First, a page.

Life flies by at neck-breaking pace. Blink and another five, 10, 15 years have passed. It's easy, especially in today's frenzied society, to get absorbed in your own world.
You've heard that well-worn adage, "It takes a village to raise a child." It also takes a village to police the community. A recent string of shootings in the city of Columbus has us wondering what's wrong with the village in The Friendly City.
Rich with history and culture, the South can be intoxicating, exotic and sometimes incomprehensible to the outsider. Its tumultuous past and vivid characters also make it an inviting target for national media and Hollywood.
The Columbus school board answers to no one. Or so it seems. When recently asked to appear before the body that appointed them -- the Columbus City Council -- the school board declined, on the advice of their attorney.
Anytime an important community agency has an opportunity to choose new leadership, the net should be cast as far and wide as practically possible. The importance of good leadership cannot be overemphasized.
We've watched the Columbus-Lowndes Convention and Visitors Bureau plug along without a full-time director for five months.
President Dwight D. Eisenhower said, "The future of this republic is in the hands of the American voter." Today is a big day for our state and counties. It's election day.
Perhaps it is the venerable letter. An endless flow of money orders. Daily post-office box checks. Or force of habit.
Brace yourself. This year -- as the Columbus school district struggles with decreased allocations from the state, lower local tax collections and the bill for a new $19.1 million school -- taxes will go up, again. The increase affects hundreds of taxpayers in Columbus and Lowndes County.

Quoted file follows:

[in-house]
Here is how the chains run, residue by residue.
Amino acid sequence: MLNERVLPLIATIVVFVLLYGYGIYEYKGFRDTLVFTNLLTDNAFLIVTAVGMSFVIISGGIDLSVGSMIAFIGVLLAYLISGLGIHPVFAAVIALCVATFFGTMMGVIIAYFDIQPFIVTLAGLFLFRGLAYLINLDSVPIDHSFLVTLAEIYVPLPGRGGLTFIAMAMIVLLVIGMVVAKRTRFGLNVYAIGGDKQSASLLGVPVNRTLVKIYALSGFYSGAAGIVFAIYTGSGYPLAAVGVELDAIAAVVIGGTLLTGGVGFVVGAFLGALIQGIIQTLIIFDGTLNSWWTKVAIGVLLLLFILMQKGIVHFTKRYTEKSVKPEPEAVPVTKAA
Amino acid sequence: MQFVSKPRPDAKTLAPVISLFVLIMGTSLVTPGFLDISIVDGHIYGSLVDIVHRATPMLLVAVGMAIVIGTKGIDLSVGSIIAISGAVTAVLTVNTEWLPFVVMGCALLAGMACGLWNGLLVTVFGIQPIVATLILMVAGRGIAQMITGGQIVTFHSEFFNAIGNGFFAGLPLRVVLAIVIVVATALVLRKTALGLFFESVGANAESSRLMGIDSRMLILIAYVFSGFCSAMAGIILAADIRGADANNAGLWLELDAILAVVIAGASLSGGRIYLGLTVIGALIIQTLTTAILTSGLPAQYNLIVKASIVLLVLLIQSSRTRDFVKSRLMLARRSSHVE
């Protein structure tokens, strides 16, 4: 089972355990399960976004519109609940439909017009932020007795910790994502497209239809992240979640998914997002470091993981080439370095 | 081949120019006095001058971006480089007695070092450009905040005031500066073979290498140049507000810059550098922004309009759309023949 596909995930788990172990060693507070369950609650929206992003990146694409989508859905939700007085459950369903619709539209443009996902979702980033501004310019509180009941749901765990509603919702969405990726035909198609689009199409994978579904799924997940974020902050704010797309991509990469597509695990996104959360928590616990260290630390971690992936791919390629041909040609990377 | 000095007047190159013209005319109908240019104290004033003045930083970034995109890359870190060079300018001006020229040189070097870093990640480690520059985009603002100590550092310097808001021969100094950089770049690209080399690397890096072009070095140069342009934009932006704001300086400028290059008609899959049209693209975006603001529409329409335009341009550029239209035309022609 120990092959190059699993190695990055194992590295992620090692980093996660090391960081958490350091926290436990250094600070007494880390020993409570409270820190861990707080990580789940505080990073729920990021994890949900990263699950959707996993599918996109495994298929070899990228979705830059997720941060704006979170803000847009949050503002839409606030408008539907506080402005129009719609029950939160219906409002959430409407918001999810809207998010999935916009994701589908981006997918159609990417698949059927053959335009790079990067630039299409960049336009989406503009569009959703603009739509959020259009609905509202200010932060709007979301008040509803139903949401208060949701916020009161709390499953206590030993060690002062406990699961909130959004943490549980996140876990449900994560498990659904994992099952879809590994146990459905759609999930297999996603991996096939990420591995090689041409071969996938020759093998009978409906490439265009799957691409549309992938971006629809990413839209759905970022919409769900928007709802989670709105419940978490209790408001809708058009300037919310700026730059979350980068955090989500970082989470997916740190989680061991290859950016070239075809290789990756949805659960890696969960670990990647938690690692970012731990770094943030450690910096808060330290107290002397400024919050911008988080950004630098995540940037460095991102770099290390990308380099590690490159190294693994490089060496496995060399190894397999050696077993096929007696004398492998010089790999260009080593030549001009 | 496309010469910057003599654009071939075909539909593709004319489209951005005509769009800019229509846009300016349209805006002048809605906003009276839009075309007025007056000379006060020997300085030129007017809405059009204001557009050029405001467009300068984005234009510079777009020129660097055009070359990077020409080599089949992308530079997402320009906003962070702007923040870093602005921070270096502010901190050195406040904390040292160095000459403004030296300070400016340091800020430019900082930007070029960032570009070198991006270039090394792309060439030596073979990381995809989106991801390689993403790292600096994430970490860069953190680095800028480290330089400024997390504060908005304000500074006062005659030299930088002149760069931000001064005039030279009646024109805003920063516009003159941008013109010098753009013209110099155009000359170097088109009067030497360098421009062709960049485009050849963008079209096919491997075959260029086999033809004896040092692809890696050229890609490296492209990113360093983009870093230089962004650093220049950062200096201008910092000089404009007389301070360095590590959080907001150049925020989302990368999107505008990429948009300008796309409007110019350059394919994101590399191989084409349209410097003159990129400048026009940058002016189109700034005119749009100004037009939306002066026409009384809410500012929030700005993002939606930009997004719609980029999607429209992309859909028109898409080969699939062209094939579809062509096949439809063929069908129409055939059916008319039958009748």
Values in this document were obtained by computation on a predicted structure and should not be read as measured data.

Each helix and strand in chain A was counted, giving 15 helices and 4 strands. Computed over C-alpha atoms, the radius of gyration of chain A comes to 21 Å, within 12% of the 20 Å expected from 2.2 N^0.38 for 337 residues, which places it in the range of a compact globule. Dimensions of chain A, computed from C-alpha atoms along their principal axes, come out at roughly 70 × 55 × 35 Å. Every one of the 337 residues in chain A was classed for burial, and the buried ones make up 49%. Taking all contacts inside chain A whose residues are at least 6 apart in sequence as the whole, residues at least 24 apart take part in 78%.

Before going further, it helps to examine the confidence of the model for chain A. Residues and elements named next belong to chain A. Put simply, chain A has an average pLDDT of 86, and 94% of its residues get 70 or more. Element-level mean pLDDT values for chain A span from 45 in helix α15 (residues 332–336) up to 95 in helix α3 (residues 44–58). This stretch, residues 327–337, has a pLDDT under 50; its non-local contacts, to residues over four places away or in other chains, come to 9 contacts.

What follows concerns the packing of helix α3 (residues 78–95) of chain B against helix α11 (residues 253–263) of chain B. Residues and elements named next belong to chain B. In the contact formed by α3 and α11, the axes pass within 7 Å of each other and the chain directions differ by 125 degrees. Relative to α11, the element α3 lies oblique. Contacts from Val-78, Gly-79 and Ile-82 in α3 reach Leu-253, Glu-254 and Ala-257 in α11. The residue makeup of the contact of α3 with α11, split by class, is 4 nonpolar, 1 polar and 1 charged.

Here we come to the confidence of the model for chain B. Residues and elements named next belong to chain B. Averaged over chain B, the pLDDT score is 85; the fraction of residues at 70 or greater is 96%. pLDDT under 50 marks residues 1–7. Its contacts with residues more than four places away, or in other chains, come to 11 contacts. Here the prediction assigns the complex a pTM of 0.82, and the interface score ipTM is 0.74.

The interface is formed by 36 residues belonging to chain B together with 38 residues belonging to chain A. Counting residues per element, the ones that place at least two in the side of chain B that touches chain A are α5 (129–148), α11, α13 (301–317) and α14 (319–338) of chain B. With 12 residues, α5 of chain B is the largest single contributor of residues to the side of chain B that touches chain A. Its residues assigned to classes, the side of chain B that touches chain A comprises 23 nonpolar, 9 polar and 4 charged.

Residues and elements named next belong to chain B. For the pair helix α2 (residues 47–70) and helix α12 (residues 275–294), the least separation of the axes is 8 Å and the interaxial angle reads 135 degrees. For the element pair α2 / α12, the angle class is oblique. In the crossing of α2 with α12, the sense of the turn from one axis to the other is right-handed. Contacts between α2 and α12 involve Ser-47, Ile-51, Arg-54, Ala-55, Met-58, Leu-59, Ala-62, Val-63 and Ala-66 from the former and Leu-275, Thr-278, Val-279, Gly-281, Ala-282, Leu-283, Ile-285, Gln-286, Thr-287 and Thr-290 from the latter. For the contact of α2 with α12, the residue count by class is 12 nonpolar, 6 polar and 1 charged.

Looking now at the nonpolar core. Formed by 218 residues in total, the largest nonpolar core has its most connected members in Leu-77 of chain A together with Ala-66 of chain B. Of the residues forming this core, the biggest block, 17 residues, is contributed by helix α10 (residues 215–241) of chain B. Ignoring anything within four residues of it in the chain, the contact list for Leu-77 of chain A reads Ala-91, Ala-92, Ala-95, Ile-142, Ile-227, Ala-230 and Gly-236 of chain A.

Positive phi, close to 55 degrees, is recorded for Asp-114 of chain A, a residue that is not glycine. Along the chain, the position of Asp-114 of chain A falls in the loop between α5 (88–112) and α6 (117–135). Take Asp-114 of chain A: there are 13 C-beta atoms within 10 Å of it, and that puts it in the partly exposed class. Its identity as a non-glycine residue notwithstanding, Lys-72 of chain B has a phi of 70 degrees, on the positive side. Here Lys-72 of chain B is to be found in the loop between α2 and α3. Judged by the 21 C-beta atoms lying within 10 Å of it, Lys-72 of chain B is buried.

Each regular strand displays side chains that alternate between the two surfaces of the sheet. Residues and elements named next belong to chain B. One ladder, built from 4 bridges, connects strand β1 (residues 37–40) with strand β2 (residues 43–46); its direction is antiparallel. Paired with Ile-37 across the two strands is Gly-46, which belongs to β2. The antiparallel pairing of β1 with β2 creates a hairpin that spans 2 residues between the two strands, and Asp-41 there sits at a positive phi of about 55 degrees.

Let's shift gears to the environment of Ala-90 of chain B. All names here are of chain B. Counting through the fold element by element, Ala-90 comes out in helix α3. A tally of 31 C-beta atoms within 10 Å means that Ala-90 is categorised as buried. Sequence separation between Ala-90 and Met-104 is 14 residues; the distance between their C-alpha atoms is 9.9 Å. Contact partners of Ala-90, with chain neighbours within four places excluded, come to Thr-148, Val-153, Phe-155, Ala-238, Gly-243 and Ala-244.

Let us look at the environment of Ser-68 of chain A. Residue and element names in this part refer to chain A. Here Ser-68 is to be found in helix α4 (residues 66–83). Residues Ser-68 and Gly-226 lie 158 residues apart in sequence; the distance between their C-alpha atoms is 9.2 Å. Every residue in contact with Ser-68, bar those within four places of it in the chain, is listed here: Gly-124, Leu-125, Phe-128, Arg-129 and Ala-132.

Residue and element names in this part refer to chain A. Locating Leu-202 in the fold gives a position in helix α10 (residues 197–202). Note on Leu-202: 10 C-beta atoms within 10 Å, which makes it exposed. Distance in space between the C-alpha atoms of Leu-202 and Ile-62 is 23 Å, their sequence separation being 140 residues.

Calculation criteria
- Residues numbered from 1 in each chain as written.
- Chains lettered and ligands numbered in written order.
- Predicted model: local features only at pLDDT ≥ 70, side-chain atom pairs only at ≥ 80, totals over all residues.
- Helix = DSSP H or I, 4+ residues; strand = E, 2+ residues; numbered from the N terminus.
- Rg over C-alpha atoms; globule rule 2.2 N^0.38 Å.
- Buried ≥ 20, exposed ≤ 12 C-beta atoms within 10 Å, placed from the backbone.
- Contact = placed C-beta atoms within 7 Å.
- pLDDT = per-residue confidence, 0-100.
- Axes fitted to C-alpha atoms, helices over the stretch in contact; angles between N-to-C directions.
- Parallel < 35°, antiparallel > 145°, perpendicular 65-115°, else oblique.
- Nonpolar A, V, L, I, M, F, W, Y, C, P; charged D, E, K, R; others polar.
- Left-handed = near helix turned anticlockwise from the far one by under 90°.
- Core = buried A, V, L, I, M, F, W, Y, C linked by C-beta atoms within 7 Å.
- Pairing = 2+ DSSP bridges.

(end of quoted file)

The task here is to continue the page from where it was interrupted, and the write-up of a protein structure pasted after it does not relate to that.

In other states, personnel records such as like disciplinary action are open when it comes to public bodies. And meetings to discuss those items are held in open session.
Something is brewing at City Hall. And Columbus Police Chief Joseph St. John is at the center of the storm. A small group of supporters made an appearance at a special meeting on Monday, where most thought St. John's job was on the line. And we expect it is.
Where's the bacon? High corn prices have sliced into the hog business. What's up with the price of Georgia pecans? The Chinese have developed a taste for Southern pecans. Why's your caffeine habit getting so expensive? The coffee craze has gone global.
If you drive past Propst Park in Columbus these days, you may noticed the usually busy fields are quiet.
It's 2011. That statement quite often is used to illustrate how far we've come in technology, education and as a democracy.
Tomorrow it will be 235 years since King George III wrote in his diary, "Nothing important happened today." Maybe from his vantage point in London that was the case, but 3,000 miles to the west, a group of feisty colonists were embarking on an experiment in self-government. It was like nothing ever done before or since, a government by the people, for the people and of the people. Self-rule.
It's Saturday morning and, lo and behold, there's a freshly delivered Dispatch out on the driveway. Welcome to the first Saturday edition of The Dispatch.
In the last month, we have been dizzied by a seemingly endless stream of youth summits and "motivational" drivel.
If you have your eye on the Columbus Municipal School District lately, you might think the superintendent position is up for election.
Recently, the newspaper has received criticism for prominently featuring violent crime stories, particularly a story about a Columbus man who attacked another with a machete.
Every year, more than 830 children, ages 14 and under, drown. During the summer months, the time of year when we're most likely to be in the water, drowning deaths among children spike by a rate of 89 percent over the rest of the year, according to safekids.org.
2. Our View: Why tonight's state senate debate matters to us all DISPATCH EDITORIALS
3. Voice of the people: Raymond Gross LETTERS TO THE EDITOR (VOICE@CDISPATCH.COM)
5. Leonard Pitts: Holding memories for Aunt Millie NATIONAL COLUMNS